Additional objects, advantages and novel features of the invention will be set forth in part in the description which follows, and in part will become apparent to those skilled in the art upon examination of the following, or may be learned by practice of the invention.
In a first aspect of the invention, then, an improved method is provided for conducting a chemical or biochemical reaction between a fluid and a solid surface within an enclosed chamber, wherein the improvement comprises mixing components in the fluid while the fluid contacts the reactive surface by (a) applying centrifugal force to the chamber, e.g., by centrifuging a device containing the chamber using a conventional centrifugation apparatus, and simultaneously (b) rotating the chamber about an axis thereof.
In another aspect of the invention, an improved hybridization assay is provided in which components in a sample fluid hybridize to molecular probes bound to a solid surface within a hybridization chamber, wherein the improvement comprises mixing components in the sample fluid during hybridization by (a) applying centrifugal force to the hybridization chamber, and simultaneously (b) rotating the hybridization chamber about an axis thereof.
Definitions and Nomenclature
Before describing the present invention in detail, it is to be understood that this invention is not limited to specific compositions, reagents, process steps, or equipment, as such may vary. It is also to be understood that the terminology used herein is for the purpose of describing particular embodiments only, and is not intended to be limiting.
It must be noted that, as used in this specification and the appended claims, the singular forms “a,” “an” and “the” include plural referents unless the context clearly dictates otherwise. Thus, reference to “a component” includes more than one component, reference to “an array” includes two or more arrays, reference to “a target molecule” includes two or more target molecules, and the like.
In describing and claiming the present invention, the following terminology will be used in accordance with the definitions set out below.
The term “biochip” as used herein means a substrate upon which at least one, and often a plurality, of probe chemicals, such as oligonucleotides, are adherent. The substrates mentioned herein are typically “biochips.” A biochip is useful for analysis of sample fluids contacting its surface. Target components of the sample fluid that react with complementary molecular probes on the biochip are thereby able to be detected; biochips with an array of probes thereon allow simultaneous screening of samples for a variety of target components.
The terms “array” and “biomolecular array” are used interchangeably herein to refer to an ordered pattern of molecular probes affixed to a substrate surface and arranged thereon in a spatially defined and physically addressable manner. Such arrays may be comprised of oligonucleotides, peptides, polypeptides, proteins, antibodies, or other molecules used to detect sample molecules in a sample fluid.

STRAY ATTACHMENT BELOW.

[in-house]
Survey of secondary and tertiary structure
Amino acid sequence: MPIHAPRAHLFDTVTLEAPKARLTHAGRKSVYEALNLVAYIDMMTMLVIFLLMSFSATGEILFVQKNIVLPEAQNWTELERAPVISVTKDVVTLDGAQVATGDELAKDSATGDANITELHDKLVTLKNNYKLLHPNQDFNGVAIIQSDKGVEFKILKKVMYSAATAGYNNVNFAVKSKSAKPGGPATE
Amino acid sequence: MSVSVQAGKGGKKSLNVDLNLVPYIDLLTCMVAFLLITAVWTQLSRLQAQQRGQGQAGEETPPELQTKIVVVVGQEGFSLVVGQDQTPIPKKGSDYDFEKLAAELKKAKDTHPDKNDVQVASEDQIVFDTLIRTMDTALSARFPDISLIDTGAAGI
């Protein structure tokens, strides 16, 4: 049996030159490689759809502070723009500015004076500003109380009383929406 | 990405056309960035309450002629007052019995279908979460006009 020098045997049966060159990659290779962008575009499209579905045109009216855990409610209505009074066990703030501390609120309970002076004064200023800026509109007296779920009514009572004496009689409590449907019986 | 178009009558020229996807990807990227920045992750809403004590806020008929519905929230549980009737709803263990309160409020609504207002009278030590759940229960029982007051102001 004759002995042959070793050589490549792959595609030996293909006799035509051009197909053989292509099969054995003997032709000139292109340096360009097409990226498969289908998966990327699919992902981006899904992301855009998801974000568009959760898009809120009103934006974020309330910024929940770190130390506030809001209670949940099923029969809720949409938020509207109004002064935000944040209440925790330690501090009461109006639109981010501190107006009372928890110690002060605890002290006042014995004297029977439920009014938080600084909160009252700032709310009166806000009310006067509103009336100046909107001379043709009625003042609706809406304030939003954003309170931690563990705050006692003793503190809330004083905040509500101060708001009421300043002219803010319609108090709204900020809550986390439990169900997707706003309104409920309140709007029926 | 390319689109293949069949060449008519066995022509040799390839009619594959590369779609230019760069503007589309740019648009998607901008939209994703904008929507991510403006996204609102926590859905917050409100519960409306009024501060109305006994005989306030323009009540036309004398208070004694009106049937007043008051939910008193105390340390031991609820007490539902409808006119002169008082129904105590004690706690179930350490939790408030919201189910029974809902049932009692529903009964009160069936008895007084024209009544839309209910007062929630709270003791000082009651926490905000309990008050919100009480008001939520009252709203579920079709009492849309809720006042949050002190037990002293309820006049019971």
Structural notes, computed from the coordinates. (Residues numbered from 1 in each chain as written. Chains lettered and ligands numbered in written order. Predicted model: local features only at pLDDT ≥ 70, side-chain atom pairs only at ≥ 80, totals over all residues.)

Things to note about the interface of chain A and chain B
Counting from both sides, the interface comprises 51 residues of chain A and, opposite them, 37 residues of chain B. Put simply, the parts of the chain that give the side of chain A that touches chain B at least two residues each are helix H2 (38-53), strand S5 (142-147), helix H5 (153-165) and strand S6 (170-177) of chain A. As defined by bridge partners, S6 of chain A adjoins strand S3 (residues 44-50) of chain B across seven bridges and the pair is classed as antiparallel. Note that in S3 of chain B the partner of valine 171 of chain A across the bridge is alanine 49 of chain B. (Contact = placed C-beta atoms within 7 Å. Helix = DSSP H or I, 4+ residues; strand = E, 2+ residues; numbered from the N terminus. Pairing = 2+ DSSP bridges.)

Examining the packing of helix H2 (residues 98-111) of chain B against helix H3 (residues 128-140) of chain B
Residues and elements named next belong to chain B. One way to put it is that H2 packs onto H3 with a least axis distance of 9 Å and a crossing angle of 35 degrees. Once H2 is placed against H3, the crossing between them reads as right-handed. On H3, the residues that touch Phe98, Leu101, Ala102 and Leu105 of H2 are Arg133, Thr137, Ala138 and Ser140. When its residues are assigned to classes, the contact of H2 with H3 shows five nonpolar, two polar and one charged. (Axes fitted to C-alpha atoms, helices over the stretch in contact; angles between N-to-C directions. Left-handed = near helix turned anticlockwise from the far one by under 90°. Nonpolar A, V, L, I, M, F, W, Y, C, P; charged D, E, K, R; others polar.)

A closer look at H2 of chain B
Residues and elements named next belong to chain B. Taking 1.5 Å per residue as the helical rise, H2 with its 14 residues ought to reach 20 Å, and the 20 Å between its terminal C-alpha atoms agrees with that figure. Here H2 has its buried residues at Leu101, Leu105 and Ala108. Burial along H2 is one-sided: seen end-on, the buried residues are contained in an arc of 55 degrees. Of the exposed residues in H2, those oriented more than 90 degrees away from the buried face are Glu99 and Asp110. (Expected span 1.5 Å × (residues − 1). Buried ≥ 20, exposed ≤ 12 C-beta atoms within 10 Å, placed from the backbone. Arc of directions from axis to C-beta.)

The term “target molecule” refers to a known or unknown molecule in a sample, which will hybridize to a molecular probe on a substrate surface if the target molecule and the molecular probe contain complementary regions. In general, the target molecule is a “biopolymer,” i.e., an oligomer or polymer such as an oligonucleotide, a peptide, a polypeptide, a protein, an antibody, or the like.
The term “chemically inert” is used herein to mean substantially unchanged by contact with reagents and condition normally involved in solid phase separations, synthesis and screening.
The term “hybridization” as used herein means binding between complementary or partially complementary molecules, as between the sense and anti-sense strands of double-stranded DNA. Such binding is commonly non-covalent binding, and is specific enough that such binding may be used to differentiate between highly complementary molecules and others that are less complementary. Examples of highly complementary molecules include complementary oligonucleotides, DNA, RNA, and the like, which contain a region of nucleotides arranged in the nucleotide sequence that is exactly complementary to a probe; examples of less complementary oligonucleotides include those with nucleotide sequences containing one or more nucleotides not present in a sequence that would be exactly complementary to a probe oligonucleotide.
The term “hybridization solution” as used herein means a solution suitable for use in a hybridization reaction.
The terms “mix” and “mixing” as used herein refer to a process which results in fluid flow within an enclosed volume so as to more uniformly distribute components within the fluid, e.g., after different solutions are combined, after a solution is newly introduced into a volume or after a component of the solution is locally depleted.
The term “oligonucleotide array” as used herein means a pattern of oligonucleotides that are bound to a substrate surface within a reaction area and arranged in a spatially defined and physically addressable manner. Such a pattern may be of any shape, and is commonly rectangular, with probes arranged in mutually perpendicular columns and rows.
The term “probe” as used herein means a molecule of known identity adherent to a substrate.
In one embodiment, then, an improved method is provided for conducting a chemical or biochemical reaction on a solid surface within an enclosed chamber wherein components within a fluid contact and react with molecular moieties present on an interior surface of the chamber, wherein the improvement involves mixing the components within the fluid while the fluid contacts the interior surface of the chamber by both (a) applying centrifugal force to the chamber and, at the same time, (b) rotating the chamber about an axis thereof in a manner effective to maximize contact between the components of the fluid and the entirety of the interior surface. As illustrated in